This is a guide for building a Commander Cube. If you want to make your own, this is a great place to start.
First I’ll give you a little background on how I created mine.
I love building decks, especially EDH decks. About a year and half ago I started building new decks pretty much every week. I don’t have an unlimited budget to support having dozens of EDH decks built at once, so what I decided to do was to start turning my collection into one of each EDH staple. The idea was to have a big box full of really good cards that I could pull from and be able to make a deck on the fly. After awhile it dawned on me that what I was really doing was creating an EDH cube, about that time the MtG Commander Decks came out, so I decided to call it the Commander Cube because I adore alliteration.
Once I decided to make the plunge and turn my collection into an Commander Cube. I took some time to do some research on cube design, and if anyone had done EDH cube in the past. There are a number of good resources out there for standard cube design, but I was surprised to find that there really wasn’t much about drafting commander decks. The only thing I could find were some whisperings about it in the somewhat obscure “format variations” forum on dragonhighlander.net. It was somewhat helpful, but did not contain a lot of details, and didn’t look like it was exactly the way that I wanted to go with it.
The first thing I wanted to determine was how many cards I was going to need to have in my cube. In order to do this I took a look at how a normal cube draft goes (or any booster draft for that matter). Most of you reading this will probably already know that you draft three 15-card booster packs and then construct a 40-card deck when you do a normal booster draft. I asked myself: if it takes 3 boosters to make a playable 40-card deck, how many would it take to build a 100-card deck? Well, 100 is 2.5x 40, so if we multiply 3 by 2.5, we get 7.5 packs. What I decided to do was to have each player draft seven 15-card packs, as well as draft some number of generals at the start of the draft. Initially each player got a pack of seven generals (commanders) and we drafted those. After a while it became clear to me that seven was a bit high, so I changed that number to four, and moved 20 multicolor legendary creatures into the packs to serve as back up plans for people during the draft.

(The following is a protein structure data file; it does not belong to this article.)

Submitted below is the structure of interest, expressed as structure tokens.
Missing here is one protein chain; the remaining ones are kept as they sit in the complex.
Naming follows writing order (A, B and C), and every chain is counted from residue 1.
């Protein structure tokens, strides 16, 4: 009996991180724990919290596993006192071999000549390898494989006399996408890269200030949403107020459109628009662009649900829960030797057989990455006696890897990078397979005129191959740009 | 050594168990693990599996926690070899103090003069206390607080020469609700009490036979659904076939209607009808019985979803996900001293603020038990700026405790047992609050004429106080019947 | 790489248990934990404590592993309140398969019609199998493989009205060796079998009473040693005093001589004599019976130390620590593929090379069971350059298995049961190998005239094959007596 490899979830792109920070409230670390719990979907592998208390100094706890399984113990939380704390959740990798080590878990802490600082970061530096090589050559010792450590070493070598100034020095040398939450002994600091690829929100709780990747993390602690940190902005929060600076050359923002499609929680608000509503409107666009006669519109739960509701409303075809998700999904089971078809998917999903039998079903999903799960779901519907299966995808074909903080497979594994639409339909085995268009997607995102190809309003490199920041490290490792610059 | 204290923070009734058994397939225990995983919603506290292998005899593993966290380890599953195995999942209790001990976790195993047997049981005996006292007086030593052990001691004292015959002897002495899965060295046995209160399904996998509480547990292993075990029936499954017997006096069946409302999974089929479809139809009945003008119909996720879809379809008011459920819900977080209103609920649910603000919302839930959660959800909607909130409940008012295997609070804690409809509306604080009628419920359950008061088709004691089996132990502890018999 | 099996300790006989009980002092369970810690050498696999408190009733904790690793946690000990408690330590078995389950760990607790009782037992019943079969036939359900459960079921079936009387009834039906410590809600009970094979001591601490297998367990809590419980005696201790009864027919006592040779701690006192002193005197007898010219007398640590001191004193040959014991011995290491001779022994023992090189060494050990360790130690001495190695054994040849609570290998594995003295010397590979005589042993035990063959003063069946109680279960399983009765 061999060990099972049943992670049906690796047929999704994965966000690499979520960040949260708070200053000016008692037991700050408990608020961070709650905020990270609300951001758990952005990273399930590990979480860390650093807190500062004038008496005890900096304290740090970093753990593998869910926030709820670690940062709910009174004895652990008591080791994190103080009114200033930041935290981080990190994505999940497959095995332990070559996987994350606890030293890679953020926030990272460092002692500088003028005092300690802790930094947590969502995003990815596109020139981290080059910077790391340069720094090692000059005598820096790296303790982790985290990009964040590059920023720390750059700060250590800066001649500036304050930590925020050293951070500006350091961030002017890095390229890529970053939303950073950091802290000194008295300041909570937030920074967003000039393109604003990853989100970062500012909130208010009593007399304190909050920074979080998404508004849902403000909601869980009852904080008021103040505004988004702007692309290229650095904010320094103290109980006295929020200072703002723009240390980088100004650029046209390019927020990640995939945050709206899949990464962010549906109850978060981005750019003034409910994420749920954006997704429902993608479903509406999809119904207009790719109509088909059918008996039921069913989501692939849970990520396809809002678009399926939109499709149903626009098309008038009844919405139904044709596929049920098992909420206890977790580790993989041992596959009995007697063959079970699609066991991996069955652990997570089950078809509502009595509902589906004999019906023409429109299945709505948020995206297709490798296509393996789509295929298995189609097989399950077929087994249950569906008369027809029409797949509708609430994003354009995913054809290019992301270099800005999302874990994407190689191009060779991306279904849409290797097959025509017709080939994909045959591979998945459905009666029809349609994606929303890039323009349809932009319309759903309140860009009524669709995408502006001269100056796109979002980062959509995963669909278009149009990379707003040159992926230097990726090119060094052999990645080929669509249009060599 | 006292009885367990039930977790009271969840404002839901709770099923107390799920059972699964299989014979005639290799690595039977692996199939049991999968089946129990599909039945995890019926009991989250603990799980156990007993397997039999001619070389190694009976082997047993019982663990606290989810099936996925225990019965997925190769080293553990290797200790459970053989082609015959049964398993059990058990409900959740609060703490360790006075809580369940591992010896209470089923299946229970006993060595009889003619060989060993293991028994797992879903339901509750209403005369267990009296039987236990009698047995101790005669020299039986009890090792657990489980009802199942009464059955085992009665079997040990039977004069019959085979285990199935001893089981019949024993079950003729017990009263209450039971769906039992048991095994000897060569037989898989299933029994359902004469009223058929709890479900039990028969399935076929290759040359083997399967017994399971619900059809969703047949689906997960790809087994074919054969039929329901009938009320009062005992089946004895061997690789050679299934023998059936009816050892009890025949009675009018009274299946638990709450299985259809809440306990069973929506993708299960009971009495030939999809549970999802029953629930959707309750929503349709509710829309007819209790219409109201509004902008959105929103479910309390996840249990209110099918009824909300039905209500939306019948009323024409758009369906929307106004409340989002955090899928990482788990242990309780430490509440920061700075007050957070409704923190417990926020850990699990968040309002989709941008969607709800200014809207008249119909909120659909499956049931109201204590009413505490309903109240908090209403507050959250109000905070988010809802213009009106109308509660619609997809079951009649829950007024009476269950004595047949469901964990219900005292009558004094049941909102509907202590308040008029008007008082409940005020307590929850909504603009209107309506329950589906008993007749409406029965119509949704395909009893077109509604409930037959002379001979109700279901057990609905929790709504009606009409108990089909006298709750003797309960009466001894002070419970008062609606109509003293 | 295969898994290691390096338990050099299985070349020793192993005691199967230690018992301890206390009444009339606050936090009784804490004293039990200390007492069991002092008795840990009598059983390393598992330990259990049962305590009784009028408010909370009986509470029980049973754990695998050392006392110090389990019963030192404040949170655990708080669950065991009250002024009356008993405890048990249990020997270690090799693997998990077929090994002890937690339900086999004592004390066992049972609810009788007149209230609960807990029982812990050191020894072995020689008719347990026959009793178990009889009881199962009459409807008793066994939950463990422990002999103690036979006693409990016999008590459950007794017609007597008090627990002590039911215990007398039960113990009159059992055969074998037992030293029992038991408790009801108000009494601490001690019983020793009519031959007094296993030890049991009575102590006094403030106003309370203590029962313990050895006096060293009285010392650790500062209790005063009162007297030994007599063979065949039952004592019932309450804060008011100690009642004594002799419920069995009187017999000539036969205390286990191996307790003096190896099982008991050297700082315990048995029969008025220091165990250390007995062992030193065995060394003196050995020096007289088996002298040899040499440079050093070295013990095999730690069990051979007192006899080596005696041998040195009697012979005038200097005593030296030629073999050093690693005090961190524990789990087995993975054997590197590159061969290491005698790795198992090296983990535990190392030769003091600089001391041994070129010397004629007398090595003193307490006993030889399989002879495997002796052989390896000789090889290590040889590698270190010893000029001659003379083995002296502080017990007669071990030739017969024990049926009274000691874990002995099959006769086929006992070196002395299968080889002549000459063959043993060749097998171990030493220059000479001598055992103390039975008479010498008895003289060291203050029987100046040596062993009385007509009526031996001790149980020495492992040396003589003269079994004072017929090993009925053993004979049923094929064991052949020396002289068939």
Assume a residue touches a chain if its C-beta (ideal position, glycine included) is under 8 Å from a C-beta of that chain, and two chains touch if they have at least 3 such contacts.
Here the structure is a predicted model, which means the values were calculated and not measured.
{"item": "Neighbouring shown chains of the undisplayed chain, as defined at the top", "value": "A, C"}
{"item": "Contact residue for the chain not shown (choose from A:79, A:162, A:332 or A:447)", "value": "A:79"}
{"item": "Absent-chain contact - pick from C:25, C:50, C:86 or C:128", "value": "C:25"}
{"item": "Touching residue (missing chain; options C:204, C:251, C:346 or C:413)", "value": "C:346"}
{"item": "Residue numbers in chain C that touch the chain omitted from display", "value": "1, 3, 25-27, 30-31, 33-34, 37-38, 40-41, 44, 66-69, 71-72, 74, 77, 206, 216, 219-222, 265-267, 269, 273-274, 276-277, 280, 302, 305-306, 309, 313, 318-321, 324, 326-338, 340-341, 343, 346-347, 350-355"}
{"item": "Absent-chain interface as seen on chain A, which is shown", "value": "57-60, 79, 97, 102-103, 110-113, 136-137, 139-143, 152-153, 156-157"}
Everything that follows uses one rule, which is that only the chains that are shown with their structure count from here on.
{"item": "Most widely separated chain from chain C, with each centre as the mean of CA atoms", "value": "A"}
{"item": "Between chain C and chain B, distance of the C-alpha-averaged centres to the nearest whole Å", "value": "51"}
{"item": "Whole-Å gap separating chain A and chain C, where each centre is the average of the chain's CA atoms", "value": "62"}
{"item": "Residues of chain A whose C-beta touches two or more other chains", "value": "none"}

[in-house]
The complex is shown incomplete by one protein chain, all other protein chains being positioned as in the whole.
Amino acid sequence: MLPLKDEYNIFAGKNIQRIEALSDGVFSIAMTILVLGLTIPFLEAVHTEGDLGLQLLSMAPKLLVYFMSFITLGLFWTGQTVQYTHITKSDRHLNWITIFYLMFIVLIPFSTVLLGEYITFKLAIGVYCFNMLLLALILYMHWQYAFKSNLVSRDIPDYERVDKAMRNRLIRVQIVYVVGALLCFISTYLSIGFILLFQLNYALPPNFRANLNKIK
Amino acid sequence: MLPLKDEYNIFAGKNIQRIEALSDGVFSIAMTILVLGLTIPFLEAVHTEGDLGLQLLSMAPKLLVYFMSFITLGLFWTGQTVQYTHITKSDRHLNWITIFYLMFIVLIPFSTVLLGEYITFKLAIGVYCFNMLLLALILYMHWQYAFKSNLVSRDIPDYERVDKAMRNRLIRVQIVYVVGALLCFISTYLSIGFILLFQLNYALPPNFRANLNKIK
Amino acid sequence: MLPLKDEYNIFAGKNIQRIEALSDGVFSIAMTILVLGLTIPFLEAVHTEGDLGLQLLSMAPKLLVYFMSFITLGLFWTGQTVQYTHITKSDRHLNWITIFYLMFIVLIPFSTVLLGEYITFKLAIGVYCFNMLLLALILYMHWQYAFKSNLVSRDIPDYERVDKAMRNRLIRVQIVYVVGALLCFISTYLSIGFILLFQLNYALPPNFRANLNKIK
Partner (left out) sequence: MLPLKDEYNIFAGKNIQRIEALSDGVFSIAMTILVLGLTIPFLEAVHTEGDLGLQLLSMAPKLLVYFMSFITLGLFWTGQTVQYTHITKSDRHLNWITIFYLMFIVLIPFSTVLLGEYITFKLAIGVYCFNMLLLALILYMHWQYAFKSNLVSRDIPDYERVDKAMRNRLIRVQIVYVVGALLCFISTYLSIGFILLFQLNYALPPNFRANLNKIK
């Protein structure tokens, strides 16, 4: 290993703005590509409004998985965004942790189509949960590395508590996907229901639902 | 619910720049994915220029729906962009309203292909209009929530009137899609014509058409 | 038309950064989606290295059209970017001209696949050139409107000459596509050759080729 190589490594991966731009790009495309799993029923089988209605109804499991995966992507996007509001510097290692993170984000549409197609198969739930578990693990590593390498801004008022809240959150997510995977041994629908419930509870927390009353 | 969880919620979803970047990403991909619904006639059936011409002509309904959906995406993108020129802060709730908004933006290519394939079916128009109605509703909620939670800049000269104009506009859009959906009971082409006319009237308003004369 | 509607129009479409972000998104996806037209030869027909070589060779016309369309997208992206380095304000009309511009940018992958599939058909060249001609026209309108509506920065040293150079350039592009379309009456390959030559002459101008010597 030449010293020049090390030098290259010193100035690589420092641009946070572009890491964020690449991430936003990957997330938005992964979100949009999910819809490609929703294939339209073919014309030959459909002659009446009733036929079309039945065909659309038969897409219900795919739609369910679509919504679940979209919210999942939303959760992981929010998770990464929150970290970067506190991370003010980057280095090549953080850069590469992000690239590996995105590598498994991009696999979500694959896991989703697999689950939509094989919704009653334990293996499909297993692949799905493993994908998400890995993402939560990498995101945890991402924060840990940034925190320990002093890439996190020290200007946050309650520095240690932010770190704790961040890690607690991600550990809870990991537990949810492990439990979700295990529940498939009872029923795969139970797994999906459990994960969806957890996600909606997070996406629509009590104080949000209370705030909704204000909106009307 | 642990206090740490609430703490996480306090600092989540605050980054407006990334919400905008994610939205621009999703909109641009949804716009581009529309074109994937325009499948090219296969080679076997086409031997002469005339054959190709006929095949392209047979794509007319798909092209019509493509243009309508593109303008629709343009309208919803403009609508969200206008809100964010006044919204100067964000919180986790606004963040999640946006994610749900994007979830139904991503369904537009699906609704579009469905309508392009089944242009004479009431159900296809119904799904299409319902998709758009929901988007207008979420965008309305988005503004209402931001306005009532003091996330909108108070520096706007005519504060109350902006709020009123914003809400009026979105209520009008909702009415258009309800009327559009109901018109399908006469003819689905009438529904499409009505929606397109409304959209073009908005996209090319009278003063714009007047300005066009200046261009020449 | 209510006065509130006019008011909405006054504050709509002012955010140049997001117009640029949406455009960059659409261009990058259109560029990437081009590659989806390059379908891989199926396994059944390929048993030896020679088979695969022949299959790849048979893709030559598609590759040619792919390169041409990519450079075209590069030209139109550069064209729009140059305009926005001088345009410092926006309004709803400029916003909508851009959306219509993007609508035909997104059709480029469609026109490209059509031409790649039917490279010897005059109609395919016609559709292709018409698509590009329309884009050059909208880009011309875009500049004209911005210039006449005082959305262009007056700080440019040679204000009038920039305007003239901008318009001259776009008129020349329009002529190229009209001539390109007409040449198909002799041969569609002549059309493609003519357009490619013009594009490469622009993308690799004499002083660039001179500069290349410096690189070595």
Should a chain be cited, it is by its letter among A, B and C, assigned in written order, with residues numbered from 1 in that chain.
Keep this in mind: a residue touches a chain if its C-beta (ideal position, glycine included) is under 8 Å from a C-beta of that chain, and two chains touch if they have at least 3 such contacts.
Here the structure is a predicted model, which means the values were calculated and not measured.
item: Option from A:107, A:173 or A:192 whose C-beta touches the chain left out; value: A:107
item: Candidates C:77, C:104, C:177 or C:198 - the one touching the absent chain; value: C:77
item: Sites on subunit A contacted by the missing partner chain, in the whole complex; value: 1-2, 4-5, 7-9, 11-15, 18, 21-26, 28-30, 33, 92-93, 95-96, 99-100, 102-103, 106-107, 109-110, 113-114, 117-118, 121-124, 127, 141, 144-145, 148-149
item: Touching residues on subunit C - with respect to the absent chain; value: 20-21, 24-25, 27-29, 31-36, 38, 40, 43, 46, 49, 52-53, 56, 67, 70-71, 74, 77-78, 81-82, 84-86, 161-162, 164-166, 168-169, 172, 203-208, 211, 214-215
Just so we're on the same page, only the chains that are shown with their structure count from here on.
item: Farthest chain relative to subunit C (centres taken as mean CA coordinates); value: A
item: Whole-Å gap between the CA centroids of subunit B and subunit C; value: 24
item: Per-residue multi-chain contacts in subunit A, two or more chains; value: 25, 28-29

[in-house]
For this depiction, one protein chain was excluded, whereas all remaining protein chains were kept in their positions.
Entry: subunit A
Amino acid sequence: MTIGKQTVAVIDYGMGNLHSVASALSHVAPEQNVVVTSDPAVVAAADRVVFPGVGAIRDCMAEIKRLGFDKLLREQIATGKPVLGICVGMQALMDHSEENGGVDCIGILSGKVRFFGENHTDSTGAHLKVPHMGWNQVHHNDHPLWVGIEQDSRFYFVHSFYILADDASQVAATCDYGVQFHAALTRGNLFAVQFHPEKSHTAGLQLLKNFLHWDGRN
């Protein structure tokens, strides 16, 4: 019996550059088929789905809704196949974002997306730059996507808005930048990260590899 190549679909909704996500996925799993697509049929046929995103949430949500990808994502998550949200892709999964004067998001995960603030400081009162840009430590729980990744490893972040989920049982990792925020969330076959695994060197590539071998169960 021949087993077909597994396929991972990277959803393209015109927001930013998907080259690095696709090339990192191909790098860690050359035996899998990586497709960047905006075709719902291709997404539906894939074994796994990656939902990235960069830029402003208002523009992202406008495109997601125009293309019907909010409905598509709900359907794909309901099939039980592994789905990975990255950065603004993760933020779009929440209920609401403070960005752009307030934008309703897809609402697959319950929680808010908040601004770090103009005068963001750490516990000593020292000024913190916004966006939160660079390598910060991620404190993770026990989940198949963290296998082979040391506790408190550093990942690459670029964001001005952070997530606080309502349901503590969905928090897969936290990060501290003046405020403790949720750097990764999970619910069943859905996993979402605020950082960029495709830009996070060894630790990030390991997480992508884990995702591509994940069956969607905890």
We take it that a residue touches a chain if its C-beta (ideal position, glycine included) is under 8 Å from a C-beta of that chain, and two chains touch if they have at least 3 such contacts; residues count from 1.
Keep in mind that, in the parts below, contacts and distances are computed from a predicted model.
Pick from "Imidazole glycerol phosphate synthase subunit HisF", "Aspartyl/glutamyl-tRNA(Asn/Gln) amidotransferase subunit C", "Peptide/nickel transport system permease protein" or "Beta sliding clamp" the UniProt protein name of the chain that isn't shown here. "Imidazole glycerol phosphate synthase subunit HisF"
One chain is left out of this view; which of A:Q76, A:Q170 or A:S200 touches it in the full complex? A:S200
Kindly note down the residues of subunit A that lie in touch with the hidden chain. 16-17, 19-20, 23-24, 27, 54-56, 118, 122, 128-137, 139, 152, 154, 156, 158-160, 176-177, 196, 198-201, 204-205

Once I multiplied all that out, I found that I was going to need 840 cards to make enough packs to be able to do an 8-player draft (eight is the standard number of players for a booster draft. It just feels right, probably has something to do with the size of the packs, if they were 11-card packs, then 4 or 5 players would be more appropriate).
Eight hundred and forty! That’s a lot of magic cards ladies and gentlemen. It was a bit overwhelming at first, so I decided to break it down into more reasonable chunks. Most of the cube design articles that I read recommended breaking down the colors evenly, and playing the same number of artifacts, gold cards, and lands as each of the mono-colors. From all of that, I determined that I needed 105 cards for each of the eight categories (white, blue, black, red, green, gold, colorless, land), and then some number of multi-color legends to be used as commanders. My initial number was 56, but it changed a bit over time.
Once I had these rough numbers laid down I went to my box of EDH staples and started whittling them down to stacks of 105 foreach of the categories. Initially it was a fairly random assortment of cards, but since I had been hand selecting them for months prior to starting this project, it turned out fairly good from the start. After I had that initial set sleeved up and all organized, I started tuning it to make it work as well as possible (I’m still working on this six months after starting the project). While it isn’t too difficult to get a working commander cube put together, it is a very long and interesting process to get it tuned exactly how you want it to be.
If you want to build your own Commander Cube (which I strongly recommend doing) one option would be to simply work off of
the listthat I have provided on this blog. It took me a very long time to collect all of these cards (and its still a work in progress for me; for example,